The short-range two-seater launched last year in Citroën's home market, and now with 10,400 statements of interest registered on a dedicated Ami website, confirmation of an imminent UK launch is said to be approaching.
"I said 75% in October, but now it's up to 90%," said Druce of the Ami arriving in the UK, adding: "if we're going to bring it, we'll do them both", referring to both the standard passenger EV and the one-seat cargo variant.
The Ami would not be converted to right-hand-drive for UK use; a Citroën UK spokesperson noted that its intended usage patterns make left-hand drive less of an obstacle than it would usually be, and actually makes it easier to exit the vehicle onto the kerb. Druce said: "That sounds like a big deal but, of course, due to the size of the car, the difference between having the steering wheel on the left or the right is probably only seven or eight inches - not a huge disadvantage".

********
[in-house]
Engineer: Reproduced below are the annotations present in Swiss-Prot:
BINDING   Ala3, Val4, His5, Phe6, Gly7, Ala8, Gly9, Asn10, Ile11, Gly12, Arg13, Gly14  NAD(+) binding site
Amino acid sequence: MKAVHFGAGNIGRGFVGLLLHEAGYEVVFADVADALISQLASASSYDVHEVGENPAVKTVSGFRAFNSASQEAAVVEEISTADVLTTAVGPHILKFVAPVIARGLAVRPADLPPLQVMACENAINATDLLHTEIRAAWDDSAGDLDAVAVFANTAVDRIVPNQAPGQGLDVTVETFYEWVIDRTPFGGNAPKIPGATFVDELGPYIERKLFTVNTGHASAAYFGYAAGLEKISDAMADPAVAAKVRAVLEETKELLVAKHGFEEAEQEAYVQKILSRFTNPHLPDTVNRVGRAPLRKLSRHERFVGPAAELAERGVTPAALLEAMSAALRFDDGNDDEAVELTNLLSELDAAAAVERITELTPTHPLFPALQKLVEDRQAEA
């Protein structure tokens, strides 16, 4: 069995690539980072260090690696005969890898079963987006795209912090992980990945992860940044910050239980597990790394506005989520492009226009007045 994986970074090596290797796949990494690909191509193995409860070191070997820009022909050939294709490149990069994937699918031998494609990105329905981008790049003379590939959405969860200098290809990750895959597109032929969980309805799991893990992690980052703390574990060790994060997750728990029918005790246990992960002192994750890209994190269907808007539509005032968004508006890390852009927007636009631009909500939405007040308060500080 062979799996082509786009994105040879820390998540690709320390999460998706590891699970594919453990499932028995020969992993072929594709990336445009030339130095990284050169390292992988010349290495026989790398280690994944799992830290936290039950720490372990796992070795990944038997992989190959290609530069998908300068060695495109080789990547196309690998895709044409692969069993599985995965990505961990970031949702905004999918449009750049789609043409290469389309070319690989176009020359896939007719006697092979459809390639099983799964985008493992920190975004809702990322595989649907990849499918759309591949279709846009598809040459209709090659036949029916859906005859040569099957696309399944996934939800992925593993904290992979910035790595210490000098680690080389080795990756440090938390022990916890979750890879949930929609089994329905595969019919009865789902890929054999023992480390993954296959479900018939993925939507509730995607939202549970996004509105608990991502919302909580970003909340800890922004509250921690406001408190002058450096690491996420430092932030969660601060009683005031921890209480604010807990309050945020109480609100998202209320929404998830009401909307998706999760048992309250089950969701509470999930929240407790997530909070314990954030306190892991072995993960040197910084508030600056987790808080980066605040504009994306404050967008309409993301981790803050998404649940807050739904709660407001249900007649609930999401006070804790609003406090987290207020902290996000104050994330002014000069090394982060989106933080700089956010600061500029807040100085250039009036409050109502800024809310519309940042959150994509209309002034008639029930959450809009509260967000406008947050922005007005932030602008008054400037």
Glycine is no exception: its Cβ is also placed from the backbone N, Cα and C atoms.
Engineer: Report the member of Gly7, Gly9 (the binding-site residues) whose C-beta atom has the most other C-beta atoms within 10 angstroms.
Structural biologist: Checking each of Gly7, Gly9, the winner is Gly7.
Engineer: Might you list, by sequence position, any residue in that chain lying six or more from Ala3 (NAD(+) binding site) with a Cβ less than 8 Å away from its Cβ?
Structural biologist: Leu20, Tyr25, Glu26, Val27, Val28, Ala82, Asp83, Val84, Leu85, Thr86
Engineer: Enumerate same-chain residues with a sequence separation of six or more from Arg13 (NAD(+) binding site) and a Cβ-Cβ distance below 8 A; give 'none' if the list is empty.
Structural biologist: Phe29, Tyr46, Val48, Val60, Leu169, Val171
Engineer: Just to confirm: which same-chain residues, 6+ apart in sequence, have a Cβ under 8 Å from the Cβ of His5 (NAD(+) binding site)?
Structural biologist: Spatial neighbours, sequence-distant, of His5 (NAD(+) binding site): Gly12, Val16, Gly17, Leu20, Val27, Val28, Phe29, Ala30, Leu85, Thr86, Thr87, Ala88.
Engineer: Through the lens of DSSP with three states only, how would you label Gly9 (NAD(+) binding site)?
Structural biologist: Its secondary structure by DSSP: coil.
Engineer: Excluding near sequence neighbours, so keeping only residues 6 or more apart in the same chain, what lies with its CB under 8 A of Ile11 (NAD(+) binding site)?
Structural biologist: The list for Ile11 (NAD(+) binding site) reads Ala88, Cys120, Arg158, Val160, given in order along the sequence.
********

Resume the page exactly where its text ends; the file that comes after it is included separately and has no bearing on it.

As a 'Category 6' quadricycle with a top speed of 28mph, it would be subject to different homologation and MOT rules to a standard car, and will not qualify for the government's sub-£35,000 EV grant. Pricing remains unconfirmed, but Druce hinted at rough parity with the French-market Ami, suggesting an outright cost of around £6000 is on the cards.
Speaking to Autocar last year, Druce said there is a “huge desire” to bring the quirky two-seater to market here. “This is a true Citroën,” he elaborated. “This is absolutely what Citroën is all about. Its unconventional, it’s fun and it delivers on what it’s intended to be.”
The Ami is intended to propel Citroën into a new era of car-sharing and urban mobility. Crucially, it's classed as a quadricyle, like the Renault Twizy, which means it can be driven across Europe without a driving licence by those aged 16 or older.
Druce acknowledged that Citroën UK has imported a small number of Amis for assessment, stating that his recent drive in one around Coventry city centre "hasn't at all impacted on my desire to bring the car to the UK".